Property is expensive to buy. But there’s an upside to the cost of it all, and it’s called equity, one of the biggest advantages of home ownership. Do you know the details behind equity in a home? Whether you already own a place of your own or about to take the plunge, you’ll want to know the ins and outs of the potential equity of the house you’re in or buying. This article addresses a vital question: what is equity in a home. Read on to find out all about home equity and how to make the most of the opportunity. We’ll cover how to calculate how much you’ve earned, reveal what happens when equity takes a nosedive, and talk about what you can do with the money.
What Exactly is Home Equity?
First, let’s nail the definition. What is home equity? Your home’s equity is the value of your property minus the amount you owe on the mortgage.
What is good equity in a home? When it’s positive, home equity is a useful financial asset. You can’t access the cash straight away, it’s a longer term tactic to generate money. You buy a home which increases in value over time, ultimately worth more than you paid for it. Stay there long enough while house prices steadily rise, as they tend to most of the time, and the equity grows while your repayment mortgage debt reduces.
So what is equity in a house in real-life terms? Here are some simple examples. Say you bought a three bed terraced town house in Middlesbrough for £2,300 in 1970. Now it’d be worth anything from £125,000. If it was in London it would have cost more but by now it could be worth a million or more. You might have bought the same kind of house in Brighton for £53,500 in 1995, worth £150,000 by 2001. Or you might buy a home now for £250,000 and add a few thousand to the value in just a couple of years. Basically, the amount of equity you generate depends on the housing market, which in turn depends on the economy.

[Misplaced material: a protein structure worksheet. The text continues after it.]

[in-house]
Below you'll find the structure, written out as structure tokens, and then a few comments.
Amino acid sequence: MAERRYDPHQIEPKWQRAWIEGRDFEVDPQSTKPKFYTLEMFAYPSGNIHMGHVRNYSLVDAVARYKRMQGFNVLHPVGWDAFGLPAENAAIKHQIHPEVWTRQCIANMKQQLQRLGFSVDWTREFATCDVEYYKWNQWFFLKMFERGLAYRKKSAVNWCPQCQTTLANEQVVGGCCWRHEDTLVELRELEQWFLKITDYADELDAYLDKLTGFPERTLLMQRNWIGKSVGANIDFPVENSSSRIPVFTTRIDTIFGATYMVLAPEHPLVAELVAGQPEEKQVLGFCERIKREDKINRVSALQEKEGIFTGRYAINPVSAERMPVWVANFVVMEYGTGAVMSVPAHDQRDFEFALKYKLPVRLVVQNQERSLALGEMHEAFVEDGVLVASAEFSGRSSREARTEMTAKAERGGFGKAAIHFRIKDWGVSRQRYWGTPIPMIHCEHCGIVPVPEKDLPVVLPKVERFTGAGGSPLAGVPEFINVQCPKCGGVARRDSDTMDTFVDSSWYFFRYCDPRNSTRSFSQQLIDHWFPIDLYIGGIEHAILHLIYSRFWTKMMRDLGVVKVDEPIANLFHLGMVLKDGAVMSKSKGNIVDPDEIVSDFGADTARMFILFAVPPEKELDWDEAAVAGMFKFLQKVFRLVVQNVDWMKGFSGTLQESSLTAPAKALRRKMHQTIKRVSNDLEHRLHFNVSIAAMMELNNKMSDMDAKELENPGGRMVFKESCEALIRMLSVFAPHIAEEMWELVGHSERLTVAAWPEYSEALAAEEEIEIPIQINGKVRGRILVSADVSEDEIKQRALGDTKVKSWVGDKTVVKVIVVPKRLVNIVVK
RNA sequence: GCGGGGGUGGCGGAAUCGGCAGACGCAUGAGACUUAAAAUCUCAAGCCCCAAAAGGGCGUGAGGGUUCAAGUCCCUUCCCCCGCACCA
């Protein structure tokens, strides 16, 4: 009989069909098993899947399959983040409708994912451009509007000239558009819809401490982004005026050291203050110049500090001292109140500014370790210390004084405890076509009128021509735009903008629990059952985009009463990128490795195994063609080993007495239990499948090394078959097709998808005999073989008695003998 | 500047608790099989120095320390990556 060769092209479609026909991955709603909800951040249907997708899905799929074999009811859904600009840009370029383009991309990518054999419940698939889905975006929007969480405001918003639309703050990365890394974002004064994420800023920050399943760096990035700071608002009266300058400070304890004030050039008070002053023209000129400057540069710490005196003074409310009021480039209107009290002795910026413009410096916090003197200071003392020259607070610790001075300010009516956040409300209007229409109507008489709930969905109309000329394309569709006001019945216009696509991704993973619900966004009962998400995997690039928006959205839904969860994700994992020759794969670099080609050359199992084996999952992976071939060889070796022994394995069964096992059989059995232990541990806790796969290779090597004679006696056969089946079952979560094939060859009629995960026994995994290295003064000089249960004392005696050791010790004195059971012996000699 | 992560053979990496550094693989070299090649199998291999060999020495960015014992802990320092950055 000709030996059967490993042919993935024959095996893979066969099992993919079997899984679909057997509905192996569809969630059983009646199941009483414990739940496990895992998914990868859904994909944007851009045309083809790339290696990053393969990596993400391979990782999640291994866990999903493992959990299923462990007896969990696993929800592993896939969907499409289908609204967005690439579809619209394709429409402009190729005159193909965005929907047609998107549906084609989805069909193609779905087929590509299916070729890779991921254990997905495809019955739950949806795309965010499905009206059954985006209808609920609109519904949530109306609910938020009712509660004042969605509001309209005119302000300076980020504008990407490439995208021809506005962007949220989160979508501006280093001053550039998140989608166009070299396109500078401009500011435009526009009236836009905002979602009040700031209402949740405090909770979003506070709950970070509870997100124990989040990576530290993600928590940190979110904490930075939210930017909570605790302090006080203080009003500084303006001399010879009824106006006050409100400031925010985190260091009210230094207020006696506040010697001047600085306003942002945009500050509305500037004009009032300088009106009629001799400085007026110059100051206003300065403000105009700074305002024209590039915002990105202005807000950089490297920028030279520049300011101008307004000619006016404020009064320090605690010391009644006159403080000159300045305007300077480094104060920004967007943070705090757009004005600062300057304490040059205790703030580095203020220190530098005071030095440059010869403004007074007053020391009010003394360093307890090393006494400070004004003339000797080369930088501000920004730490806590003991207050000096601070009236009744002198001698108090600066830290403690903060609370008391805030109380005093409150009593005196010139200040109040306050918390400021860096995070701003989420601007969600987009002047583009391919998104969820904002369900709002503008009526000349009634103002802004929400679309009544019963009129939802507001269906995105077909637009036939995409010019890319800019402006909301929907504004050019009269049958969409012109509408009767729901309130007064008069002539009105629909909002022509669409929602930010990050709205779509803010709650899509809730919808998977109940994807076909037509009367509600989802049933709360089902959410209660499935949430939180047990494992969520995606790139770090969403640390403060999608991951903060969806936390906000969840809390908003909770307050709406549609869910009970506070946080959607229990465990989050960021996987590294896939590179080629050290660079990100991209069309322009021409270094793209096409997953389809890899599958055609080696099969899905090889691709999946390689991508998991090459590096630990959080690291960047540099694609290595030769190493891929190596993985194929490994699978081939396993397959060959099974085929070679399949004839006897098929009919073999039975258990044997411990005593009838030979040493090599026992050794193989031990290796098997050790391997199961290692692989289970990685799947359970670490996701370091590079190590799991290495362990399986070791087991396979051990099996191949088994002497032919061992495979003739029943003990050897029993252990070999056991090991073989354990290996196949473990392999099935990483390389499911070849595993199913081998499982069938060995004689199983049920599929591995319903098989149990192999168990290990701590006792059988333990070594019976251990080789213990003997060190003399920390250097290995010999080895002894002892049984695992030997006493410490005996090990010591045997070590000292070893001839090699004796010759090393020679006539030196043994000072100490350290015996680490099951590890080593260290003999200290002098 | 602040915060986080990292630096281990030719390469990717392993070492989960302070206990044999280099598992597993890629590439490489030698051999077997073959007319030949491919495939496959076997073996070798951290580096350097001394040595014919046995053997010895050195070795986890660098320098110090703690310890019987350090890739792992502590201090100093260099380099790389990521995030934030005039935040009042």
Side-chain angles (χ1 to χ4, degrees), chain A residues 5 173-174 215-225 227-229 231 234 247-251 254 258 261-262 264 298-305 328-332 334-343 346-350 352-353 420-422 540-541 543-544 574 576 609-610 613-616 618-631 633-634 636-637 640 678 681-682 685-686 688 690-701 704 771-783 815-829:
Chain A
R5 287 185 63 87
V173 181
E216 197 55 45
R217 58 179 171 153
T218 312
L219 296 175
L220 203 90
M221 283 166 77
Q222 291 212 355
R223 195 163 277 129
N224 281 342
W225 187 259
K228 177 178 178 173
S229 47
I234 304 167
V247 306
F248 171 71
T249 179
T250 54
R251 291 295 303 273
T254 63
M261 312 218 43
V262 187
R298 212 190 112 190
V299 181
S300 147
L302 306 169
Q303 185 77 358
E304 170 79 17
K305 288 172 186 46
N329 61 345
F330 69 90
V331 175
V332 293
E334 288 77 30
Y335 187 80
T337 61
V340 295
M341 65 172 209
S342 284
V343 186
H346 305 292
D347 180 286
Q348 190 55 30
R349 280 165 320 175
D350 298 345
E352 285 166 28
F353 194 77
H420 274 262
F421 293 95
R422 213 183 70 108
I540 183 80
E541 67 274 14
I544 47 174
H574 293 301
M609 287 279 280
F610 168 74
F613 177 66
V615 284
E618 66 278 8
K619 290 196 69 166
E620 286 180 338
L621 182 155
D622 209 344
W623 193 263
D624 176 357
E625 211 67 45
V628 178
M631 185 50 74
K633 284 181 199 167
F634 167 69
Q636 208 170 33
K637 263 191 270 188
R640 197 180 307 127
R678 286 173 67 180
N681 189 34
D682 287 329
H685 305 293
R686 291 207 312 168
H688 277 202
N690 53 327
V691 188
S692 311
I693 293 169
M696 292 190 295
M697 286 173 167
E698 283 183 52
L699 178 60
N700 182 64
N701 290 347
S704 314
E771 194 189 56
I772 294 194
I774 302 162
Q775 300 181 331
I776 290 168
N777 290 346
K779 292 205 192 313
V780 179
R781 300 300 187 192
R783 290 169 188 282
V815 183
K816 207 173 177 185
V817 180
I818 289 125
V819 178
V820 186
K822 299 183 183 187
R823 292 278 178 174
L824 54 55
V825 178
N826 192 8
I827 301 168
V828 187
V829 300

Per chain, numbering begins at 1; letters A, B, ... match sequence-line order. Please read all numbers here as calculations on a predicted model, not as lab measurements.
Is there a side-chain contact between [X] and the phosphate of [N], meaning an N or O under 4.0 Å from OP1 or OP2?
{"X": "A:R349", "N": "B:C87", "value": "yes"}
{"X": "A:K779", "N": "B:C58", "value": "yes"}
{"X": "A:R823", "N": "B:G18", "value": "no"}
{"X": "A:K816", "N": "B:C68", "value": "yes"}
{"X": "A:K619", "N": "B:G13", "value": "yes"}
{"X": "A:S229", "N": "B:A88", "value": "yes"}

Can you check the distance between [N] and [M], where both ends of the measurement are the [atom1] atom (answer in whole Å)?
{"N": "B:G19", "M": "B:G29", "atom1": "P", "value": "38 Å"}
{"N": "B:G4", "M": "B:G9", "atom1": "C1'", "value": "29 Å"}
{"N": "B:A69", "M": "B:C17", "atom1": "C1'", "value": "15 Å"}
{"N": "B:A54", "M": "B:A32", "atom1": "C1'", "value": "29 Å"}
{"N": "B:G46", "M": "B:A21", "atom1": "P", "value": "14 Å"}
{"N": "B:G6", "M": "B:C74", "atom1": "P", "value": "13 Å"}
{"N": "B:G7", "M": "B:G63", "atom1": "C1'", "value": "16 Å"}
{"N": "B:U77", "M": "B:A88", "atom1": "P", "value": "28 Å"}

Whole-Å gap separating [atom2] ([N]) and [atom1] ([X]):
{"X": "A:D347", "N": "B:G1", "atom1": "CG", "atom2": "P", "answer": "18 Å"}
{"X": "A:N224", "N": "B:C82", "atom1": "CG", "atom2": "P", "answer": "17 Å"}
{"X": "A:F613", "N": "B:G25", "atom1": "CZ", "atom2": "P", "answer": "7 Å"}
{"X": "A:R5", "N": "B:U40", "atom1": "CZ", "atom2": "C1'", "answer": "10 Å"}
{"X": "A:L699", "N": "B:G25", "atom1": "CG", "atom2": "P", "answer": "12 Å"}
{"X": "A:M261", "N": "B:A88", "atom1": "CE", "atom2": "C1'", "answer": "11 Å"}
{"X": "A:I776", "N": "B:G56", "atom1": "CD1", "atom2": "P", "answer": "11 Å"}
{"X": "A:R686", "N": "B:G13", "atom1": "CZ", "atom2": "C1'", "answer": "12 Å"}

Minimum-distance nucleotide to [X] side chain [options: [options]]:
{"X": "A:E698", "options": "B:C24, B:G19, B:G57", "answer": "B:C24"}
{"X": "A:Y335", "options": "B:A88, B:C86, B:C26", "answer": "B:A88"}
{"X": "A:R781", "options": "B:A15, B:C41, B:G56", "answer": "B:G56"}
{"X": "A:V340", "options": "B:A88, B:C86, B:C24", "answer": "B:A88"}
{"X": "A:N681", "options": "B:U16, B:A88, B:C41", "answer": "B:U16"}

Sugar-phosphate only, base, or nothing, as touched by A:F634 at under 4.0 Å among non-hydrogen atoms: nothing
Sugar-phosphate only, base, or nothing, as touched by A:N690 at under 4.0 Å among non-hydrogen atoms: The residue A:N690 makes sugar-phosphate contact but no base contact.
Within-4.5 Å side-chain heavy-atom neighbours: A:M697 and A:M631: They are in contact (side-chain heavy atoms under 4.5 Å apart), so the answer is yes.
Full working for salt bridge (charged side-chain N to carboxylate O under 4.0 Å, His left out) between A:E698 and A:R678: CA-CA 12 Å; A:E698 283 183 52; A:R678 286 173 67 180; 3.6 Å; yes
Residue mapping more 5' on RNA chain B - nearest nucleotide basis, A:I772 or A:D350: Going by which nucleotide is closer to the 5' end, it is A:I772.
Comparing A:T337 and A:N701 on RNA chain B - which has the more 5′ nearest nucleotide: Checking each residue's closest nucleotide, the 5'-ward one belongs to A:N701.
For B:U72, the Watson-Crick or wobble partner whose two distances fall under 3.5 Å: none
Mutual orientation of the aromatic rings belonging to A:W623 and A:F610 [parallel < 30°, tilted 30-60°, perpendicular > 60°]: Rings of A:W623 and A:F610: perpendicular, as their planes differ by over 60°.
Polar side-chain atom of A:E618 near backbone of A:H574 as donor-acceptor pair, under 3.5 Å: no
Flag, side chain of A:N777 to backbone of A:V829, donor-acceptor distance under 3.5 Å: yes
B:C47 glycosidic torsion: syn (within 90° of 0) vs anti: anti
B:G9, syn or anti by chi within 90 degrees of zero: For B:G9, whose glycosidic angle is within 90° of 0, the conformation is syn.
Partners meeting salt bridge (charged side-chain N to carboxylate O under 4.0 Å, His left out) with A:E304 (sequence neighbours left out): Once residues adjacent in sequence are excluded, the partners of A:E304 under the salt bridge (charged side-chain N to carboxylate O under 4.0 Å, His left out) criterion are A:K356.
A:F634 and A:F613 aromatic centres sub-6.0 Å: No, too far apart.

You don’t have to sell your home to benefit from the equity you’ve made. You can access equity in a home in various ways, and use it any way you like. If you’ve wondered why home equity is important, there are plenty of good reasons. It gives you a buffer against property value fluctuations. You can use the value tied up in your home to get loans, and plenty of other reasons. We’ll talk more about how to use your home equity later.
How to Build Home Equity
As you’ve seen, the equity of the house grows over time. So what about how to build equity in a home? Is there anything you can do to speed the process up, can you generate more equity and do it faster?
The price you pay in the first place matters, connected to the condition of the place you buy. The less you pay, the more the value can rise. You could buy a perfect house at the top-level price for the area, but there’s less potential for improvement than a place that needs some doing up, bought in the lower price bracket.
When you reduce your mortgage debt, property price rises have a more dramatic effect on your equity. The less you have to pay back, the more equity you build up. The same goes when you put down a large deposit, cutting down your repayments right from the start. If you come across any spare money, maybe a bonus, it makes sense to pay off a chunk of mortgage with it.